Will Knowledge Management survive and thrive to see the artificial future it so craves? Read this article to find out why you need to focus on today's challenges instead of waiting for an artificial future.
The world of Knowledge management is awash with hope for an artificial future. However, before you get too carried away by the promises of Artificial Intelligence and Machine Learning, you might want to focus on the challenges of the present.
Many in KM are pointing to AI gains and strains in the field of content writing - for example, see this interesting article from Real KM. However, the discussion tends to focus on the ability to write content, missing the fact that the value of content is twice removed, where value is perceived and transmitted by the knowledge holder and only realised when it is received and moved to meaningful action by the receiver.
The ability of AI to extract, codify and transmit knowledge appeals to KM functions driven by the belief that knowledge is a technology problem in search of a technology solution. However, the world of the all-knowing AI knowledge solution is nowhere near being realised and here is why.
First, knowledge does not exist in a single, accessible knowledge domain. Enterprise knowledge exists in three domains: simple, complicated and complex - explained in this 60-second video.
Traditional technology-led KM programmes tend to focus on points of convergence: agreed-upon facts or 'best' answers found in the simple enterprise knowledge domain. Technology-driven KM solutions, such as Q&A or FAQ portals, perform well in this area where 'facts' are widely known, people can predict outcomes, and moderators can assure quality.
However, technology-driven KM stresses - and fails - when it experiences divergence, a deviation toward better or worse answers in the complicated knowledge domain. Think of it as a branching decision, where the level of complicatedness increases in line with the number of decision points.
Today's technology-led KM programmes more-often-than-not stress and fail in this complicated domain. Why? Because it becomes difficult to understand what brings a given person in a given context to take a given decision. In other words, what is the better decision, and is the meaning and value of what makes it a better decision embedded in the beliefs, attitudes, skills, knowledge, experience and talent of that given individual? Back to the challenge of knowledge, meaning and value being twice removed.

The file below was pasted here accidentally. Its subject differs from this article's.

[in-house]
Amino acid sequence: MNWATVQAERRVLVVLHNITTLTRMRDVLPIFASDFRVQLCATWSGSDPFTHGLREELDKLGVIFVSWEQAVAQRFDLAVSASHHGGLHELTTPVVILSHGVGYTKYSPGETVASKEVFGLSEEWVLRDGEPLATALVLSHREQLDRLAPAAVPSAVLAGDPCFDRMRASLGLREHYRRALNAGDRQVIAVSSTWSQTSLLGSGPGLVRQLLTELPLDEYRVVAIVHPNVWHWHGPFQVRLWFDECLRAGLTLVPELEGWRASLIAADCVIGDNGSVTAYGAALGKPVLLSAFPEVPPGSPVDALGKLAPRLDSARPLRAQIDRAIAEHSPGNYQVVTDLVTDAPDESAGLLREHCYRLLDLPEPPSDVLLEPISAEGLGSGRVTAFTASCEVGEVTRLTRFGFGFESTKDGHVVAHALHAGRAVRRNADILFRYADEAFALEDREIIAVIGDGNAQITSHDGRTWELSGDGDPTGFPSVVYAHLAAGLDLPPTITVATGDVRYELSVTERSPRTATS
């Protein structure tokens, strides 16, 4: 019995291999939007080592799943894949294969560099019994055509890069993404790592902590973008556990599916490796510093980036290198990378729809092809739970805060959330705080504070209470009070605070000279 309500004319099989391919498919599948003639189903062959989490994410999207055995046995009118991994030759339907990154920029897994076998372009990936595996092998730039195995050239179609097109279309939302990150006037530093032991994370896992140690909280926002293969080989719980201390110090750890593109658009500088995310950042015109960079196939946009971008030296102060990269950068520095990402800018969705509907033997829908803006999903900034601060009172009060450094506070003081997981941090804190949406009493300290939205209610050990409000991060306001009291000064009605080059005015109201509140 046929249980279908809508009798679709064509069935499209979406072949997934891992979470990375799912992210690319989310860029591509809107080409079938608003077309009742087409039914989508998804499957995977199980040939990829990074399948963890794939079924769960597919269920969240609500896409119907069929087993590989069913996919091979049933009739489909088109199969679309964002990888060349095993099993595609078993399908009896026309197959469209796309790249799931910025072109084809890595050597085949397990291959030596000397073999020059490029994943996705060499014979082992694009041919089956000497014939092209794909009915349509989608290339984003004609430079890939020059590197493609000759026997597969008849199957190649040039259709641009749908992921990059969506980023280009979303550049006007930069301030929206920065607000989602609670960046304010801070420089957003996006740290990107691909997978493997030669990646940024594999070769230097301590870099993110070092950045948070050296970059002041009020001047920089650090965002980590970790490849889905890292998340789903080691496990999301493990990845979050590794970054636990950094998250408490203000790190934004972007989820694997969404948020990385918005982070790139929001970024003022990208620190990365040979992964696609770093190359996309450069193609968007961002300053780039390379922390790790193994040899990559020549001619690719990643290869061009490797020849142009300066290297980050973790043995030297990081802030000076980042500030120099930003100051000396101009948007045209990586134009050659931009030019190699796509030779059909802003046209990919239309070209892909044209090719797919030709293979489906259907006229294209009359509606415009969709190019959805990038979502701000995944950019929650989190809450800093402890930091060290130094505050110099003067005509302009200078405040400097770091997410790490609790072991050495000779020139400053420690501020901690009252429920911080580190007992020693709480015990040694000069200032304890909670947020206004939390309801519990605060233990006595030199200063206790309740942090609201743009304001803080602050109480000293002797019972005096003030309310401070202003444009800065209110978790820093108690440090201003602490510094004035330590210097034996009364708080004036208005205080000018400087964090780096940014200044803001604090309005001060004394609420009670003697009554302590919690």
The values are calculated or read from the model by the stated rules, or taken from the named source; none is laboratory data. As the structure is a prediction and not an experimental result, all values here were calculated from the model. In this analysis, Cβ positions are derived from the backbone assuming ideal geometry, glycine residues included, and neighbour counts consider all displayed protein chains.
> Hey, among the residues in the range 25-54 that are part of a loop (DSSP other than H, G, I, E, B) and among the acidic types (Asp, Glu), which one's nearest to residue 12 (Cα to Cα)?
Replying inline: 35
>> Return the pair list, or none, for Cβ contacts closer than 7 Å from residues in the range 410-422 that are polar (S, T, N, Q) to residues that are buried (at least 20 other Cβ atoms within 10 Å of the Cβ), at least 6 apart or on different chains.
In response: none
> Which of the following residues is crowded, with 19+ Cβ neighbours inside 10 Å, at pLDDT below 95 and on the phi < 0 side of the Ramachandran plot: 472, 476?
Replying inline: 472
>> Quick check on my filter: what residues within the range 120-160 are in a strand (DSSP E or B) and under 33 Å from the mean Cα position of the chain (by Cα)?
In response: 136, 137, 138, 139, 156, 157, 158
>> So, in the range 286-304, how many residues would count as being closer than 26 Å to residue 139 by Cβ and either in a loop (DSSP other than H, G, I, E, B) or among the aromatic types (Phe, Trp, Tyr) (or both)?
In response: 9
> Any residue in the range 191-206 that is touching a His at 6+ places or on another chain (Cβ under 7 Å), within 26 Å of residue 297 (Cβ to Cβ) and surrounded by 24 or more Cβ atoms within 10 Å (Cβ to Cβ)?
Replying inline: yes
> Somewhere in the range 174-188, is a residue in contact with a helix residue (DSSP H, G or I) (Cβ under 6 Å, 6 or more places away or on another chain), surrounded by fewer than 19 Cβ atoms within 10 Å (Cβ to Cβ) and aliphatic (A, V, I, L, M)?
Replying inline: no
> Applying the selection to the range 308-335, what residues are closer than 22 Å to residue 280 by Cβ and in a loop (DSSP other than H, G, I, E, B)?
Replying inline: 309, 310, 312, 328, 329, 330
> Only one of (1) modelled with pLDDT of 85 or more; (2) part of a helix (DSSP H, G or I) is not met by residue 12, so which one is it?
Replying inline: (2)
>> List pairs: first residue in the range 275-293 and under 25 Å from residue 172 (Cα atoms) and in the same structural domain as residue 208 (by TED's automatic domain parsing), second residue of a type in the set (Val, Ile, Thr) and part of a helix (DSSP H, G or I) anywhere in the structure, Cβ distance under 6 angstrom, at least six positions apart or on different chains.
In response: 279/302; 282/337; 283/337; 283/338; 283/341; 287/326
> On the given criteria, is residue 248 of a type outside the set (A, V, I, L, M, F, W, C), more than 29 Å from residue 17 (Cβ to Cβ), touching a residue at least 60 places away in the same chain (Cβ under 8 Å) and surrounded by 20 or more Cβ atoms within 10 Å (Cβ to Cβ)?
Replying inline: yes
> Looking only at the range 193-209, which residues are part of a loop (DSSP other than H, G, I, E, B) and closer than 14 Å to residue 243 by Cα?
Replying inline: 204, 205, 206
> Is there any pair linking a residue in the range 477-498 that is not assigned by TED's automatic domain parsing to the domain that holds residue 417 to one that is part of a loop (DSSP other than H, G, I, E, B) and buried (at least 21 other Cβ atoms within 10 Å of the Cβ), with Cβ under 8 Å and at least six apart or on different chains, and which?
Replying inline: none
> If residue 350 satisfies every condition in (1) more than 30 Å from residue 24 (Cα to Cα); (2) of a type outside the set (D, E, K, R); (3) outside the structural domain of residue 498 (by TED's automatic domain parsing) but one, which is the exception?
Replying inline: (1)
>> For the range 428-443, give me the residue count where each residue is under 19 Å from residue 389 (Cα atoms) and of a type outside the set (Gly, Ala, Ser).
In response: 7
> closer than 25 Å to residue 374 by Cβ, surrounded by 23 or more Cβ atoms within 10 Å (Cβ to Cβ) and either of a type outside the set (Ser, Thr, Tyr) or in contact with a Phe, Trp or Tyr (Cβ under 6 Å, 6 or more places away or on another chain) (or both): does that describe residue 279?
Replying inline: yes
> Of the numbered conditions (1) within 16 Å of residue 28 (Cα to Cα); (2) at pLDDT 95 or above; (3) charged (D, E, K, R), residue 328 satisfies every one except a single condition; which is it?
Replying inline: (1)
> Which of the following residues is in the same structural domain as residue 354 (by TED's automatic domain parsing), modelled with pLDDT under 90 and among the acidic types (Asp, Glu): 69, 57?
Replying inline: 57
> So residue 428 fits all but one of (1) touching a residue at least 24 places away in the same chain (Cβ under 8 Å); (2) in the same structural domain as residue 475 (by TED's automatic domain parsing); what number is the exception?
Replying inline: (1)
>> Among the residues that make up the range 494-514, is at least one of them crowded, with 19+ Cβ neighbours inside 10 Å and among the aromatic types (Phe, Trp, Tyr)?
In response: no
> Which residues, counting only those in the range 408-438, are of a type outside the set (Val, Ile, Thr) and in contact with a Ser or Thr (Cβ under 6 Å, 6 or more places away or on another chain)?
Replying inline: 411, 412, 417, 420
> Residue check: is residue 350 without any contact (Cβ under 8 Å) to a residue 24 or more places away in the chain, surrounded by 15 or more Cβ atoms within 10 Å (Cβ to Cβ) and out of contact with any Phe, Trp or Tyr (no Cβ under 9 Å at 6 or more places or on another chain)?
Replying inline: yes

To better understand the challenges of meaning and value, consider these two questions:
What is 100% of what you know, and what beliefs, attitudes, skills, knowledge, experience and talent informed the way you tackled your last messy challenge or opportunity?
How much of what you know is shrouded in automaticity - actions that you are not consciously aware of - linked to the expert blind spot effect?
Artificial Intelligence will continue to evolve. I do not doubt that technology will continue to impact the way we go to work, as it has done throughout history. However, Knowledge Management must not use the dreams of the future to avoid today's reality.
In today's reality, KM is still not doing a good job of demonstrating its ability to move individual, team and organisational knowledge to action - actions that create meaningful value. If you want to endure, to thrive over time, then you must first address the challenge to create meaning and value in the present.
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